Texas and industrial accidents

by Walter Olson on May 13, 2013

Ira Stoll catches the New York Times being tendentious again [SmarterTimes]:

…one reason that Texas is at or near the top of the nation in terms of workplace fatalities is that it is at or near the top of the nation in terms of the number of workers and how many hours they work. If you adjust for that, and take the rate of workplace fatalities — that is, the number of fatalities from workplace injuries per 100,000 full-time workers, Texas isn’t worst in the nation, but somewhere in the middle…

Related: Josh Barro, Steven Greenhut (California as comparison).

{ 1 comment }

1 Jack Olson 05.13.13 at 9:37 am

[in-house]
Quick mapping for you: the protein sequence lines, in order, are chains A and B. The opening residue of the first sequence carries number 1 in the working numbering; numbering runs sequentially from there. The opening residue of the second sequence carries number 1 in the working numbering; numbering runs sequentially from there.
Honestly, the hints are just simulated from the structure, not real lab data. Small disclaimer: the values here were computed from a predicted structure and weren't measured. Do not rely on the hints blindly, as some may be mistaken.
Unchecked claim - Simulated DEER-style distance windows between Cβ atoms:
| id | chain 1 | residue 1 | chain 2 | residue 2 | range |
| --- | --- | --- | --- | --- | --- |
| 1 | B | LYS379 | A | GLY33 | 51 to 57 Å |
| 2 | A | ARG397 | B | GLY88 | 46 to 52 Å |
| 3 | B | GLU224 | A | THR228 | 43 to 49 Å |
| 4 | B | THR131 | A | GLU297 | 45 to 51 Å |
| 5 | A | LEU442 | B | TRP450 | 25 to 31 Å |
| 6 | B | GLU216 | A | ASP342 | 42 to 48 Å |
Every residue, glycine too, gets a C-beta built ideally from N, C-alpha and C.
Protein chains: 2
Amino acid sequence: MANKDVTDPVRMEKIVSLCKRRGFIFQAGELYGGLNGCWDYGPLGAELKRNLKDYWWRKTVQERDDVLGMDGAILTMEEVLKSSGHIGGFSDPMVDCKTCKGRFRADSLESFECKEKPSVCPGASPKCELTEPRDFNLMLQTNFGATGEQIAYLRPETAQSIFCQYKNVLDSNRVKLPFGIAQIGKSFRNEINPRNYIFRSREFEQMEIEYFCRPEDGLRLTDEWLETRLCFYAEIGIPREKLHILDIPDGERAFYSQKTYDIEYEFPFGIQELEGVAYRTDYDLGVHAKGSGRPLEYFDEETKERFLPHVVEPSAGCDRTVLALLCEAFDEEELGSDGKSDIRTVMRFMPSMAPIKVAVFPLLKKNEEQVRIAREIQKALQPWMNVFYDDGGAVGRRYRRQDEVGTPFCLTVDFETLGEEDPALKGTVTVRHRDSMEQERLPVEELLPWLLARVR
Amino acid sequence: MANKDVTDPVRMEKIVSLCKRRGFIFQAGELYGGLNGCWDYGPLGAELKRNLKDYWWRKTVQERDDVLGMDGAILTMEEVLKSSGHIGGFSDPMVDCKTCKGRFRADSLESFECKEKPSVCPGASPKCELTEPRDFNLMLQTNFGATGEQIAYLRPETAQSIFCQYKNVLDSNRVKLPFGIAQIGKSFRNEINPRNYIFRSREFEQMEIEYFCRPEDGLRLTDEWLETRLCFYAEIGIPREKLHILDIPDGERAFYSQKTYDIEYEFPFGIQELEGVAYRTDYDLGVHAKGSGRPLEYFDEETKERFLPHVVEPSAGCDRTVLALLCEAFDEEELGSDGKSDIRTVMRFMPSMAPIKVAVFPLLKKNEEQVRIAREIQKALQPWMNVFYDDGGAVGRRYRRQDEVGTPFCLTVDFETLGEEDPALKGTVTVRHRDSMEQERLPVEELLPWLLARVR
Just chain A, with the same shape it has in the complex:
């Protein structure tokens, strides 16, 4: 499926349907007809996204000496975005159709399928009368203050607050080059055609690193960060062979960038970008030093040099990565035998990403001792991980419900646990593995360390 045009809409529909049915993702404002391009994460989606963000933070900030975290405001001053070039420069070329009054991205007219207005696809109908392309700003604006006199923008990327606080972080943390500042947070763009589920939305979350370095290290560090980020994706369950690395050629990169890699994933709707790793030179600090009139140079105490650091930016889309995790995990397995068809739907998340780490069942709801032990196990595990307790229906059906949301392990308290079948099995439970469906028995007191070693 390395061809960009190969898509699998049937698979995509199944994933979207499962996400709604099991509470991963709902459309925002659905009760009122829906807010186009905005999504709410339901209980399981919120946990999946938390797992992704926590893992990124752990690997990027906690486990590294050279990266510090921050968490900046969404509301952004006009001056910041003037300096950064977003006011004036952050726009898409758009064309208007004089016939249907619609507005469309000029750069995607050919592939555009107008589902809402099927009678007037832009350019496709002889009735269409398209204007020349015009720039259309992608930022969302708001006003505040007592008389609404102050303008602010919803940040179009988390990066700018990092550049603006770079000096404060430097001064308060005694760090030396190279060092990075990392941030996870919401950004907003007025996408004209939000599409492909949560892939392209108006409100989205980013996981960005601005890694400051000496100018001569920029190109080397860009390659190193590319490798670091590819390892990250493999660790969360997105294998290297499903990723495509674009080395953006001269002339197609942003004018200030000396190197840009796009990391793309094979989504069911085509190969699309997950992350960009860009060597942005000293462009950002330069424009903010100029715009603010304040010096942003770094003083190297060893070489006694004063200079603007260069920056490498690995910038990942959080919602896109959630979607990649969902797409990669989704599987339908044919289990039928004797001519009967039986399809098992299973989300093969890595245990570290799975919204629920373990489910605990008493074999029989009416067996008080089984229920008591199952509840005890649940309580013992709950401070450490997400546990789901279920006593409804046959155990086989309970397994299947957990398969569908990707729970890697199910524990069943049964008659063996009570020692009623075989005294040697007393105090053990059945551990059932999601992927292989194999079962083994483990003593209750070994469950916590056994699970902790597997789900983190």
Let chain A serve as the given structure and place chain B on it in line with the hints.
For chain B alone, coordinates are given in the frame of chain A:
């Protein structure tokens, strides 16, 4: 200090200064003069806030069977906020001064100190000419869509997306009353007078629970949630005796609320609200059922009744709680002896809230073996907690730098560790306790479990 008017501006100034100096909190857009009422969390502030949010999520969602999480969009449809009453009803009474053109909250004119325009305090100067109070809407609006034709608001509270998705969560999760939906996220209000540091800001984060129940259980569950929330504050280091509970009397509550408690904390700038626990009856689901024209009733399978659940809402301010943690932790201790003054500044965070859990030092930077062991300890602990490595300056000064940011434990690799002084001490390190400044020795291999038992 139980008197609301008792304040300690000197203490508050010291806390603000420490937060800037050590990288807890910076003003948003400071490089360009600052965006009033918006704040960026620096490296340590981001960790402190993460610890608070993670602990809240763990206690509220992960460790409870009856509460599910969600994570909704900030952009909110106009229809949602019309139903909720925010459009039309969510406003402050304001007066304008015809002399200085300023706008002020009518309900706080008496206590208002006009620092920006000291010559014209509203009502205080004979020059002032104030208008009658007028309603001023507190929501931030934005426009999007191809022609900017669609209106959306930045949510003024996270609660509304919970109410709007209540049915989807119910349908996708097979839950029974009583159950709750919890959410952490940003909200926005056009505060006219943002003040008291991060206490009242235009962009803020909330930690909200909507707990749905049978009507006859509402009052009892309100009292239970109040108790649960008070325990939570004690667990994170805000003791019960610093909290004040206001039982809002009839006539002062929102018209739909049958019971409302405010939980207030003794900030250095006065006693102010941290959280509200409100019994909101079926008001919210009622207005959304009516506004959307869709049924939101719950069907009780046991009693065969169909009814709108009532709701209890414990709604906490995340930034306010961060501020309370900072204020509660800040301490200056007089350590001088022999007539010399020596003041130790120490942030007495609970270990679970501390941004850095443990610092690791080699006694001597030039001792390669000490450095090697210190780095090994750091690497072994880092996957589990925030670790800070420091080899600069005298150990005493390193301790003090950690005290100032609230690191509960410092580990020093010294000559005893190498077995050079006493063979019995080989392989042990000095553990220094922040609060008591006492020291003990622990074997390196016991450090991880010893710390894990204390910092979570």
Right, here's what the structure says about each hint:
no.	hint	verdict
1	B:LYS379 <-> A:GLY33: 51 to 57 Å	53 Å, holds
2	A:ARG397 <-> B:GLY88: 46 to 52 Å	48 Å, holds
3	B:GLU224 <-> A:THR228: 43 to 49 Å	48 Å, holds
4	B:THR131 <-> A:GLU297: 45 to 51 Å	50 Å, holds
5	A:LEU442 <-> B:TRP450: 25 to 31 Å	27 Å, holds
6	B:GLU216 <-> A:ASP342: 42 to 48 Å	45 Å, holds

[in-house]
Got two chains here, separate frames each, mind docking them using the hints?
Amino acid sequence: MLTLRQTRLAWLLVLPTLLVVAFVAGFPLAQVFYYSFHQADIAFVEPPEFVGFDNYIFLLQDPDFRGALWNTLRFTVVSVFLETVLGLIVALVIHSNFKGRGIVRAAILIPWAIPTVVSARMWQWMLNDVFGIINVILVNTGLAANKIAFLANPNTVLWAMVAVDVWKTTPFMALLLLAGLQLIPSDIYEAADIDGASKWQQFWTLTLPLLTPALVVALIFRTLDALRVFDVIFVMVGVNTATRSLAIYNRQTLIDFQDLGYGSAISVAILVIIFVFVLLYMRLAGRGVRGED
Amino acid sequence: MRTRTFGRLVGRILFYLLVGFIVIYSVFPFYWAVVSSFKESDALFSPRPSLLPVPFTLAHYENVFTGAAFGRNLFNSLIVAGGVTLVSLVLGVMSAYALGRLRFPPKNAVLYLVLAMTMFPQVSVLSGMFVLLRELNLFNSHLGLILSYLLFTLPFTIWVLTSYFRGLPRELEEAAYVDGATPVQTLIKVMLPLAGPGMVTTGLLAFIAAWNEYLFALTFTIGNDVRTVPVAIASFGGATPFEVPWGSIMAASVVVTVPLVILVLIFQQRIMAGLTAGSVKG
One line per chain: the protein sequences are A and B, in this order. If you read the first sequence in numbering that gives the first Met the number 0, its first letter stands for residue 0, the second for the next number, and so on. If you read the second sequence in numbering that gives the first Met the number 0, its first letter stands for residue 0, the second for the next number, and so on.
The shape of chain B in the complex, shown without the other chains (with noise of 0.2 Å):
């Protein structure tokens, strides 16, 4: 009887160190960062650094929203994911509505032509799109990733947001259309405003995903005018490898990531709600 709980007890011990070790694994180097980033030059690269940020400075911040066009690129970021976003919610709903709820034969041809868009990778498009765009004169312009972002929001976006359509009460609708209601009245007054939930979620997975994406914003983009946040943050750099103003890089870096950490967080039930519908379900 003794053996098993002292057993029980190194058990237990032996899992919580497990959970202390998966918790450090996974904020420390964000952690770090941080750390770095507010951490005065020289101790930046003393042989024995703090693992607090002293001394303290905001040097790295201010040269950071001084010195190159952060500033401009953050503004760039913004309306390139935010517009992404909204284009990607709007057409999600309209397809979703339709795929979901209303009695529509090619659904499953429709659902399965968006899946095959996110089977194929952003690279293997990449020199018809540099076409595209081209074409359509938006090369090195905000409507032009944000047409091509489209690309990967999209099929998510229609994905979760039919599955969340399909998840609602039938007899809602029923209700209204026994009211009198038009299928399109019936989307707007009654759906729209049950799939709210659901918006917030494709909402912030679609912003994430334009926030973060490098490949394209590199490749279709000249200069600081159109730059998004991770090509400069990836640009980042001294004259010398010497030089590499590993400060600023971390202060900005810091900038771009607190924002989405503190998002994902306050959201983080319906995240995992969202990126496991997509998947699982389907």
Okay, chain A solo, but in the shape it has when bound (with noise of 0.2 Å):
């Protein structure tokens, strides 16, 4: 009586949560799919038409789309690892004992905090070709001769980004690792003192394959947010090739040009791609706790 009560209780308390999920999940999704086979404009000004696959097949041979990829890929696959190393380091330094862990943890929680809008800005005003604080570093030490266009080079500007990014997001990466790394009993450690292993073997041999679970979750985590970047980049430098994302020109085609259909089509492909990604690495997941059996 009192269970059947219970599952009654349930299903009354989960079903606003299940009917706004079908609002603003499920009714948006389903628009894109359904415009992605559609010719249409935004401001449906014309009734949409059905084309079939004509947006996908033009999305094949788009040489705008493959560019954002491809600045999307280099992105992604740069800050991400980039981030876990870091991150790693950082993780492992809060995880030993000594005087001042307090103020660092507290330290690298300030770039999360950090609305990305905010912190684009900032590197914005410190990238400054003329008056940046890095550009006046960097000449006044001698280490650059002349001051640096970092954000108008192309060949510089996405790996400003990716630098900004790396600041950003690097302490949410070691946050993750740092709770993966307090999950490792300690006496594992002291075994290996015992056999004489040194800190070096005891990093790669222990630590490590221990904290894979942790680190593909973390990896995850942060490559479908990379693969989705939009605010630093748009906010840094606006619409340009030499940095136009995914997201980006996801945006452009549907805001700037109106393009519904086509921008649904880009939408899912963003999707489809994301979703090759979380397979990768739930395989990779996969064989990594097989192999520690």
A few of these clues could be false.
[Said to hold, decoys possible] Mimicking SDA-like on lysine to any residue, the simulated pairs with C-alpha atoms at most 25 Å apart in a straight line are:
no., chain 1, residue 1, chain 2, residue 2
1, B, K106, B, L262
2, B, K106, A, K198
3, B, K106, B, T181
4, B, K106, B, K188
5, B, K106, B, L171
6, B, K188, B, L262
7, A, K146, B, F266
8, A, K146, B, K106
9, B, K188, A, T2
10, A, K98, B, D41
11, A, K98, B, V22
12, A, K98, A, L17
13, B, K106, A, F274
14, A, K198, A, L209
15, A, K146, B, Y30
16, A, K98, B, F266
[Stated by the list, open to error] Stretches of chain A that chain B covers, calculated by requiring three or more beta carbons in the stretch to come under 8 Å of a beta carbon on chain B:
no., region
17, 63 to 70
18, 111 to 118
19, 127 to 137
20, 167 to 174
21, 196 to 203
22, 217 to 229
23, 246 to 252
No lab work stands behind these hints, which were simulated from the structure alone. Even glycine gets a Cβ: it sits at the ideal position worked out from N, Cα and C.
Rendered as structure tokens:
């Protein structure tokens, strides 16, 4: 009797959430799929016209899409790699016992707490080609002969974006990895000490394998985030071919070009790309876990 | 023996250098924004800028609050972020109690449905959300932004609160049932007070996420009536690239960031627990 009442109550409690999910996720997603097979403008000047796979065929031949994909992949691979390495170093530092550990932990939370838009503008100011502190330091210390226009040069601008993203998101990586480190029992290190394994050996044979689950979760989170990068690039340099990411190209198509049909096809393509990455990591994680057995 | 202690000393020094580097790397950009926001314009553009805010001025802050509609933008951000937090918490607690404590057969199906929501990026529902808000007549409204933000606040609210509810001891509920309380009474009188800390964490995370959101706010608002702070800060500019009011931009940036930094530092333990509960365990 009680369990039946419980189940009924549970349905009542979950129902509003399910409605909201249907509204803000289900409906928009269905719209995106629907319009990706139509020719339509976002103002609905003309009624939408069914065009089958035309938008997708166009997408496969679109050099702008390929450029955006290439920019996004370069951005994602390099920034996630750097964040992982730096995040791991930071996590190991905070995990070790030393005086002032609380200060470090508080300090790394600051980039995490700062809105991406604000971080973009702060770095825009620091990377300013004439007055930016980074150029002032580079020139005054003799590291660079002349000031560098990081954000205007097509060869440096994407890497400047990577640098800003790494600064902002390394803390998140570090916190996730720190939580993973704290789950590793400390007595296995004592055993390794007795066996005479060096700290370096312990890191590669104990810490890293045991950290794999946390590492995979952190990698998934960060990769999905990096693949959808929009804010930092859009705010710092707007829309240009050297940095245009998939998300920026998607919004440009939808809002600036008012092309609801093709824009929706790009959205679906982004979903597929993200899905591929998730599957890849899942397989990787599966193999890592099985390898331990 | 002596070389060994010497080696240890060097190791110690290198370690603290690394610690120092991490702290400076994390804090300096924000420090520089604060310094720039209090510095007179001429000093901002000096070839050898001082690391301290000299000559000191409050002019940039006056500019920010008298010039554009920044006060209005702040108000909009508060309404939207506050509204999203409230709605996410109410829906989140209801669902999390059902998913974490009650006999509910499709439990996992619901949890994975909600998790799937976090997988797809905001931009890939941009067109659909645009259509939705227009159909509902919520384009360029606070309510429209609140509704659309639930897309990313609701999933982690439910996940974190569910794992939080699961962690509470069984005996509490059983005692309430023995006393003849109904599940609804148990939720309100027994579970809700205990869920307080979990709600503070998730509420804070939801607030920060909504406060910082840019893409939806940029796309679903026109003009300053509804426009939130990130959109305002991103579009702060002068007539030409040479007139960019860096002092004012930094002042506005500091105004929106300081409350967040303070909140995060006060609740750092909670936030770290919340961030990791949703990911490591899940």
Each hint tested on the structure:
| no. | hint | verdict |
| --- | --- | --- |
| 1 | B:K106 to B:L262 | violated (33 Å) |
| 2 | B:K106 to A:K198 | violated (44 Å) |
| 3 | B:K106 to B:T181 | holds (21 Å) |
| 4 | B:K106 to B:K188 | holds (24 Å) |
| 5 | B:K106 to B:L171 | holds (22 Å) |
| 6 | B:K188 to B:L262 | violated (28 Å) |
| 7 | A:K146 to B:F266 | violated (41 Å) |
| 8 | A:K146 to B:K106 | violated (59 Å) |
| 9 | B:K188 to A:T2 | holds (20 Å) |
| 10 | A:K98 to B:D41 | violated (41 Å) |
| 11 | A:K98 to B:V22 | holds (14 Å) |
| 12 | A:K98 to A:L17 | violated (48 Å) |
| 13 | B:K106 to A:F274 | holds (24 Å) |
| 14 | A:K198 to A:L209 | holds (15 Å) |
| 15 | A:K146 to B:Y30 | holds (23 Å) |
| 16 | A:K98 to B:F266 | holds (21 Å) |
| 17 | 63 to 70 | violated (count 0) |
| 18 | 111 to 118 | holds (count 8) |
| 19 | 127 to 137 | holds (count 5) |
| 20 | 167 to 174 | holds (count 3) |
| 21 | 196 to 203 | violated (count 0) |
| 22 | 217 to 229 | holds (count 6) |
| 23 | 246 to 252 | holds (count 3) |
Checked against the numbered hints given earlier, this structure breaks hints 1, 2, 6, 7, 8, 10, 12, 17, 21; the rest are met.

Historical note: The nation’s worst industrial disaster happened in Texas City, 1947, and it was a fertilizer explosion. Two converted Liberty ships were taking on a cargo of 3,000 tonnes of ammonium nitrate when one of them caught fire and exploded, igniting and setting off the cargo in the other. The death toll was 581. This happened ten miles from Galveston, the site of the nation’s worst natural disaster, where a hurricane killed 5,000 people in 1900.

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